Know your cooking oils: When and how to use each

Oils are an integral part of cooking and, when chosen well, can add healthy fats and just the right flavor to many dishes, both cooked and raw. A variety of oils are enjoyed drizzled over vegetables and breads and added to marinades and salad dressings while others are especially useful in preparing fried, grilled or sautéed foods.

Oils are extracted and pressed from many seed, nut, fruit and vegetable sources, and each one has its own distinct flavor and properties which make it suitable for some dishes and not others.


First, what is a smoke point?

The smoke point of oil is the temperature at which it begins to smoke versus shimmer. Once that happens, the oil starts to break down and oxidize.

A number of factors determine the smoke point, including color — the lighter the oil color, the higher its smoke point — age, level of refinement, method of processing and storage. Oil that has been degraded by exposure to heat, light and air will have a decreased smoke point. 

Unrefined oils, such as extra-virgin olive oil, offer more pronounced flavor and nutritional value but they have lower smoke points and are less suitable for cooking at high temperatures. If oil is heated past its smoke point, it can give off an unpleasant burned taste but also becomes dangerous as the smoke releases free radical compounds that are harmful to the body.


Popular cooking oils: Smoke points, best uses and health benefits

Almond: Limit its use to cold dishes; best for salad dressing or as a finishing oil. Mild, nutty flavor. Available refined or cold-pressed. May raise a person’s HDL or “good” cholesterol.

Avocado: (510-520°F) Highest smoke point. Pressed from fresh avocado pulp. Best for roasting, sautéing, frying, sauces and salad dressings. Mild, buttery flavor. Heart-healthy, high in monounsaturated omega-9 fatty acids with anti-inflammatory and antioxidant properties, vitamin E and lutein. Most healthy eaten raw, cold-pressed.

Coconut: (350°F) Best for sautéing, frying and baking. Mild coconut flavor. Unrefined extra-virgin or refined. Boosts HDL cholesterol and metabolism, protects brain health. Considered easier to digest than other oils.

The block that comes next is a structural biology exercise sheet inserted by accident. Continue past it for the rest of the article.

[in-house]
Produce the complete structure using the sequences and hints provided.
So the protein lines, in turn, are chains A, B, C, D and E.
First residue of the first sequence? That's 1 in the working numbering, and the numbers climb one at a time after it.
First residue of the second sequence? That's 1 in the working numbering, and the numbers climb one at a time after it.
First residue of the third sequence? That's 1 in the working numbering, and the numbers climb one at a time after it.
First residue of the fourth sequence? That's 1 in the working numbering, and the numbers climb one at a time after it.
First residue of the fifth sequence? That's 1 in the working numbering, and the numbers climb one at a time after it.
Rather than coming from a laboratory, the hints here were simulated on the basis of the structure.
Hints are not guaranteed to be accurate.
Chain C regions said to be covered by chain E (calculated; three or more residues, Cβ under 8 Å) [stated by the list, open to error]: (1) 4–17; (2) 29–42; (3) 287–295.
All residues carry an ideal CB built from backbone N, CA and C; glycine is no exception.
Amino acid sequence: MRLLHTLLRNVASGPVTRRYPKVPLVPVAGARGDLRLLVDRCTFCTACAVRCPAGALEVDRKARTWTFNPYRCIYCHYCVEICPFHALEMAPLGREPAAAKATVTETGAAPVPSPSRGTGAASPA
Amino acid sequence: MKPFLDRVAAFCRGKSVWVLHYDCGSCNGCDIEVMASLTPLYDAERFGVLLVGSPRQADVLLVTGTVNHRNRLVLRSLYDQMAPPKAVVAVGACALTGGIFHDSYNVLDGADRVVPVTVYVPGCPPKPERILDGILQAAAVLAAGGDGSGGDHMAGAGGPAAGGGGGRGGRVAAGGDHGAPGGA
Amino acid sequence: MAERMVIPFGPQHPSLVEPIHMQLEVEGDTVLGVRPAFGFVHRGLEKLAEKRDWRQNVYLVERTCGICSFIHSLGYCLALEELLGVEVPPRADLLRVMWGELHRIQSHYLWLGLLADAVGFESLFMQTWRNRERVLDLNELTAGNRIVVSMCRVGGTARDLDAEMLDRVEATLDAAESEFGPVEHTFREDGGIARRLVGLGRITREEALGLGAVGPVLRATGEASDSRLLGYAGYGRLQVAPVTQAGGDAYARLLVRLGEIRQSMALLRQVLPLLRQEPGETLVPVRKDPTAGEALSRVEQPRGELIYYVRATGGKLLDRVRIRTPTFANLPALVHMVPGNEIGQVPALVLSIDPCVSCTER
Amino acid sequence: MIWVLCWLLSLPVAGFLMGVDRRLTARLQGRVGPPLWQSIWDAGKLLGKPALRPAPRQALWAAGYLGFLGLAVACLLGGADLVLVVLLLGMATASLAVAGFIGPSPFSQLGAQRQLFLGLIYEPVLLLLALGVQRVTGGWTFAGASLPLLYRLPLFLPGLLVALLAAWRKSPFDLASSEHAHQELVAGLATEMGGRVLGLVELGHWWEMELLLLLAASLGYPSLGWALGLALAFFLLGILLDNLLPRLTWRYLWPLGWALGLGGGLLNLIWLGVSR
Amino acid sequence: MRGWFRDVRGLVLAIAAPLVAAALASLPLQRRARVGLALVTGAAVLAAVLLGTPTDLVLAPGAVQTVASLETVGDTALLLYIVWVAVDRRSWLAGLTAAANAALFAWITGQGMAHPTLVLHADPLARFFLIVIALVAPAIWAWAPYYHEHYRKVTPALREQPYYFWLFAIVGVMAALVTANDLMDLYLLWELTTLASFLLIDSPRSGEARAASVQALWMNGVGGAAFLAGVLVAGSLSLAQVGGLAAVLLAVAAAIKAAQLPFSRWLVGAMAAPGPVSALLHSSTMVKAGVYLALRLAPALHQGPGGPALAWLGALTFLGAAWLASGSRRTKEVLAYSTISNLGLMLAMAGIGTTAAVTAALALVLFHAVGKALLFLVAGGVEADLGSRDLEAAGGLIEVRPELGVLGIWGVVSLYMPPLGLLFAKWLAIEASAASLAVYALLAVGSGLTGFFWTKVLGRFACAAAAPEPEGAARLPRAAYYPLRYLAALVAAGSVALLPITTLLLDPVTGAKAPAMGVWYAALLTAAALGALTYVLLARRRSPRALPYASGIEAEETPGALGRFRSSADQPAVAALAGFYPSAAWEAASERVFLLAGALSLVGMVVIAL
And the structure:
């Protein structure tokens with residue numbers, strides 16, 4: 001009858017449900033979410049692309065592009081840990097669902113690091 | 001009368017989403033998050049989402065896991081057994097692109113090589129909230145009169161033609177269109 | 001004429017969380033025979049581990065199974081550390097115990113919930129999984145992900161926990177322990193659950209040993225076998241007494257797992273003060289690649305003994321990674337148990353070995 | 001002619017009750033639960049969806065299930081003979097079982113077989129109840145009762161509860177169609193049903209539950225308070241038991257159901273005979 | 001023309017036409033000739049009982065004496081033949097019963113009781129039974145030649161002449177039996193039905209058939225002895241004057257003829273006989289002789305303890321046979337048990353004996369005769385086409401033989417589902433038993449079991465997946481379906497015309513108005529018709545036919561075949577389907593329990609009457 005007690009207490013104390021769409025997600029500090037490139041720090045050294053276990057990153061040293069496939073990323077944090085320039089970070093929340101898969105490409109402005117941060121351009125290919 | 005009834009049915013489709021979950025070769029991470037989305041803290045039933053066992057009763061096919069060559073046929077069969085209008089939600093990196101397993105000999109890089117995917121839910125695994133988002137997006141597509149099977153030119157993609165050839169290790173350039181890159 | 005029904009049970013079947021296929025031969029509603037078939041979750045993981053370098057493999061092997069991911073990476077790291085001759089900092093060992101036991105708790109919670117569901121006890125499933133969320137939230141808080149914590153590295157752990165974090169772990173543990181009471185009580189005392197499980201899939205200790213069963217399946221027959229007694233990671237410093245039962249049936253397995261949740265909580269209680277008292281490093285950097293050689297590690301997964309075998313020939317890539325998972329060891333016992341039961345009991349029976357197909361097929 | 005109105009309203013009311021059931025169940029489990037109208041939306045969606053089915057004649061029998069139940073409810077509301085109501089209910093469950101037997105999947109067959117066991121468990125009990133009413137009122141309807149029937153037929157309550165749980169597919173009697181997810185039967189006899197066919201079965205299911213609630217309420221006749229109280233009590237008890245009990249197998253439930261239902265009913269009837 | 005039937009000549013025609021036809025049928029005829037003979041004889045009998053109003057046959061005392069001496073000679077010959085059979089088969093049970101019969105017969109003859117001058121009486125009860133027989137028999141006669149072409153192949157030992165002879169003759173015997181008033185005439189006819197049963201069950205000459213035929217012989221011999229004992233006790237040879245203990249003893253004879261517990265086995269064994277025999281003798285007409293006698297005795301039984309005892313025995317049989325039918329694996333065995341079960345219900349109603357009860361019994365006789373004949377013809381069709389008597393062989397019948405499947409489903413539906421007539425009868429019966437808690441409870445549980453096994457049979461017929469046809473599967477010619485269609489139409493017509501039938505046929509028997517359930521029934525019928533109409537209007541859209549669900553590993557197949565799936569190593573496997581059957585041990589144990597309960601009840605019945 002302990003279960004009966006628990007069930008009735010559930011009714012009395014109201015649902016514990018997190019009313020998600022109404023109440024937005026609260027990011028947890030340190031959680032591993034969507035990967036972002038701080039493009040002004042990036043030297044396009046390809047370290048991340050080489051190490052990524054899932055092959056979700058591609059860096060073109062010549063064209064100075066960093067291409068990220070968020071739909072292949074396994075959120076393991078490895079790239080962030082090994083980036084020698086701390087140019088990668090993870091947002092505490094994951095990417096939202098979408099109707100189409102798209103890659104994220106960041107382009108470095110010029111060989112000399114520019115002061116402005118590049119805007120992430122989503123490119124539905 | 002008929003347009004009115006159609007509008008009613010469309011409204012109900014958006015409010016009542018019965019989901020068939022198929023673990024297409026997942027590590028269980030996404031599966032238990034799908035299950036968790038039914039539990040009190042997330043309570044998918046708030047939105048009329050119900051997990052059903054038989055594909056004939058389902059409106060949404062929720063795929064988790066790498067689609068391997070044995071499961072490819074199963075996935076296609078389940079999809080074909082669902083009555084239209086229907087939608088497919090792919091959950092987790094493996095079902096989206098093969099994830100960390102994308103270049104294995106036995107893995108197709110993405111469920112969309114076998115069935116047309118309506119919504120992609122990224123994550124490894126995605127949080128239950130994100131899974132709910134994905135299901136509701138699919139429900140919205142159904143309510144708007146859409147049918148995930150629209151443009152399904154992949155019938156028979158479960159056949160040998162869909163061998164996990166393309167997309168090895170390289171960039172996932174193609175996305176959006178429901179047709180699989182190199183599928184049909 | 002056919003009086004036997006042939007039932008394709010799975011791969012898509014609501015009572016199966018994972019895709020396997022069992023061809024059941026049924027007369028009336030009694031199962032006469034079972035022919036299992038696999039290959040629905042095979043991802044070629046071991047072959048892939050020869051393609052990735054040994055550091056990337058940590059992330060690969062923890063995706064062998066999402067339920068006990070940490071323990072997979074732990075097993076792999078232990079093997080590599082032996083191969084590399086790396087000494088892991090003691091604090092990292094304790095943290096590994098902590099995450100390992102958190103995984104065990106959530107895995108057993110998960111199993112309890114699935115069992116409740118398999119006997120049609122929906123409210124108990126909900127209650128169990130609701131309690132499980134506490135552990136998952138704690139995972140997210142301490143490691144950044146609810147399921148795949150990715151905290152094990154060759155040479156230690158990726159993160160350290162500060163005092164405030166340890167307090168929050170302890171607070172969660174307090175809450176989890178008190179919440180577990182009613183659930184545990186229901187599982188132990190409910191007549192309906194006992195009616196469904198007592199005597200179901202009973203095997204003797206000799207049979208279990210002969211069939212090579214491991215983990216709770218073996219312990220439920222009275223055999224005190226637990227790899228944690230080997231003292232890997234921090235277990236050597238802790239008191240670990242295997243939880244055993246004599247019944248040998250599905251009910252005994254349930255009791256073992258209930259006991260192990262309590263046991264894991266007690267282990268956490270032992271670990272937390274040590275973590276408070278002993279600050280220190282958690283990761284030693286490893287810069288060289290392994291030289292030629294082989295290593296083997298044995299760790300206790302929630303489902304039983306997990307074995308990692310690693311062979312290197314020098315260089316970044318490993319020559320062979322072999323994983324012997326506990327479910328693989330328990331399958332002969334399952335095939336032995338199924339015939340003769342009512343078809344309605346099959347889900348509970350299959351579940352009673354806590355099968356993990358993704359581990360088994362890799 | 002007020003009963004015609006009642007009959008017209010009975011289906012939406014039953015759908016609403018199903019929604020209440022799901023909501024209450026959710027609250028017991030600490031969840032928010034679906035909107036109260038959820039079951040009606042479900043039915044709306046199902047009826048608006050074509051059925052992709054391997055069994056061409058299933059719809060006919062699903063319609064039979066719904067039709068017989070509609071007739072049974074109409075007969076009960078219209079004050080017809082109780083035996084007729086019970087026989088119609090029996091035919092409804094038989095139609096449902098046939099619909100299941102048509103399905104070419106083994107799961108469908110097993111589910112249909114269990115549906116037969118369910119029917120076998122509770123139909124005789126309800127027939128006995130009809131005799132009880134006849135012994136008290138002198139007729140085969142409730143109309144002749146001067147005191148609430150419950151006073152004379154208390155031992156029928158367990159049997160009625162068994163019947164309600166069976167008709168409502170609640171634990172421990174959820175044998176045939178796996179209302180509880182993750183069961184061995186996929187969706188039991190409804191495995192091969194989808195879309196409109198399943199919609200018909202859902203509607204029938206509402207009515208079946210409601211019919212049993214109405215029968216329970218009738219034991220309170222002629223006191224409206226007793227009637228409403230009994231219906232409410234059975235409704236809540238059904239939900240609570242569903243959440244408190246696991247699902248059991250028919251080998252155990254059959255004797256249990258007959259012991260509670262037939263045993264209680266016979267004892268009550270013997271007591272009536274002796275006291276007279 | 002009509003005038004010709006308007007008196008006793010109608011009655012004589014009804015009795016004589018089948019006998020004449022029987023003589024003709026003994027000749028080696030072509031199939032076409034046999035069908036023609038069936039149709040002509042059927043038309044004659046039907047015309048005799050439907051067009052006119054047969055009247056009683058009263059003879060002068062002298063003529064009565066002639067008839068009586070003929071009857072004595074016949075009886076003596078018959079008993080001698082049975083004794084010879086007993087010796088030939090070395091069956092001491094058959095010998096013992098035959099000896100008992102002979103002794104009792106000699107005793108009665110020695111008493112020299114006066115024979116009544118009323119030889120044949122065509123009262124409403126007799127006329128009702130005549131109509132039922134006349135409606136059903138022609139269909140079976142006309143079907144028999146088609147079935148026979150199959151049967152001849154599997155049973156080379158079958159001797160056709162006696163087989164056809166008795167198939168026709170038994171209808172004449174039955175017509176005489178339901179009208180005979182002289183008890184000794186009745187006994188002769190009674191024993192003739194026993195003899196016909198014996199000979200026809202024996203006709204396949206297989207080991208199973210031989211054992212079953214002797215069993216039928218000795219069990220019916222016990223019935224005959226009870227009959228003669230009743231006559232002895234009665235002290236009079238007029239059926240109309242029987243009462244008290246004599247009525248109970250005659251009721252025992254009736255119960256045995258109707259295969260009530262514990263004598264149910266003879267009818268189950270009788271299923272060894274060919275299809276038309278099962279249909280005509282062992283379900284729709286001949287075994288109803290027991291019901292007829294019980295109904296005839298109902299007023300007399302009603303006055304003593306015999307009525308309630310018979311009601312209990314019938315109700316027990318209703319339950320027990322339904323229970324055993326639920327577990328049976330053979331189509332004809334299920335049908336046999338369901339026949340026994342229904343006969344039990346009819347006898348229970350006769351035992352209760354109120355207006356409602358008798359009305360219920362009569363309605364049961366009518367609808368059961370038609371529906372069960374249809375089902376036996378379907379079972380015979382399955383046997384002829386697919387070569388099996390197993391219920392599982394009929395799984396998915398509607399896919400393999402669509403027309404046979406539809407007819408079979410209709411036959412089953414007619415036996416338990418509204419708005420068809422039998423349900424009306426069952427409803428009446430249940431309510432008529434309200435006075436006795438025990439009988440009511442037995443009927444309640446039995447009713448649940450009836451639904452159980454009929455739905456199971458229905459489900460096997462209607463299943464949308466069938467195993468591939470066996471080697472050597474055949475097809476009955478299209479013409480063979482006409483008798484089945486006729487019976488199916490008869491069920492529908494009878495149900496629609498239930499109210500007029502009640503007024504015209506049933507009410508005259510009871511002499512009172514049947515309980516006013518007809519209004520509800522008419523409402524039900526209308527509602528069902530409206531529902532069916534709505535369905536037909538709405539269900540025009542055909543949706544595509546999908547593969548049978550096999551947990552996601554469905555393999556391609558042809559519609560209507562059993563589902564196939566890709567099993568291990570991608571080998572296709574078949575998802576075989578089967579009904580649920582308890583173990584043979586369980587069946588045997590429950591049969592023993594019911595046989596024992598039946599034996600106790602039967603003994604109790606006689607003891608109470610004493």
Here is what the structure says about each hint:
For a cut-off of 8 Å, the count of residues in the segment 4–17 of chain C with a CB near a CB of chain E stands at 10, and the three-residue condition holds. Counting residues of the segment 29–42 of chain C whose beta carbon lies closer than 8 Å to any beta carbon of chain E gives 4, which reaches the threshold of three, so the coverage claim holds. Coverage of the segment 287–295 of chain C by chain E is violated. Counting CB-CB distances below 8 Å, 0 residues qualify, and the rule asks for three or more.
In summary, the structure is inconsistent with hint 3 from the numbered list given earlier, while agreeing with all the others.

Corn, Canola and Vegetable: (400-450°F) Neutral flavor. Best for frying and deep-frying. Refined with minimal health benefits.

Flaxseed: (225°F) Not used for cooking. Best added to dressings, dips and smoothies. Nutty flavor. Heart-healthy offering highest alpha-linolenic acid (ALA) omega-3 content of all oils.

Grapeseed: (390-420°F) Best for dressings, sautéing, baking, stir-fries. Neutral flavor. High in vitamin E and antioxidants; improves insulin resistance. Cold-pressed offers best health benefits.

Olive: (325-375°F); Extra-virgin: (465°F-470°F) Best in vinaigrettes, sauces or for sautéing and roasting; extra-virgin makes an excellent finishing oil. Can be spicy, peppery, fruity, grassy. Refined has more neutral flavor. Contains vitamins A, D, E, K and beta-carotene; rich in antioxidants. Heart-healthy, they contain large amounts of monounsaturated fat and polyunsaturated fatty acids.

Palm: (450°F) Best for sautéing, frying and in spicy dishes. Contains monounsaturated and polyunsaturated fats; rich in antioxidants.

Peanut: (448-475°F) Best for deep-frying, roasting, grilling. Nutty flavor. May lower blood sugar and reduce heart-disease risk factors.

Safflower: (440-520°F) Best for dressings, frying, baking. Almost flavorless. Suggested for the prevention of heart disease and stroke.

Sesame: (410°F) Often paired with ginger and soy sauce in Asian marinades and stir-fries, it’s also used in Mediterranean and Middle Eastern cuisines. Neutral to nutty flavor. Full of antioxidants; may lower blood sugar.

Sunflower: (450°F) Best used for frying, salad dressings, baking. Neutral Flavor. High in vitamin E.

Walnut: (320°F) Best when unheated. Best used sparingly in soups and salads, marinades, dressings or as a finishing oil. Delicate, nutty. Rich in unsaturated fatty acids; may improve skin health and memory.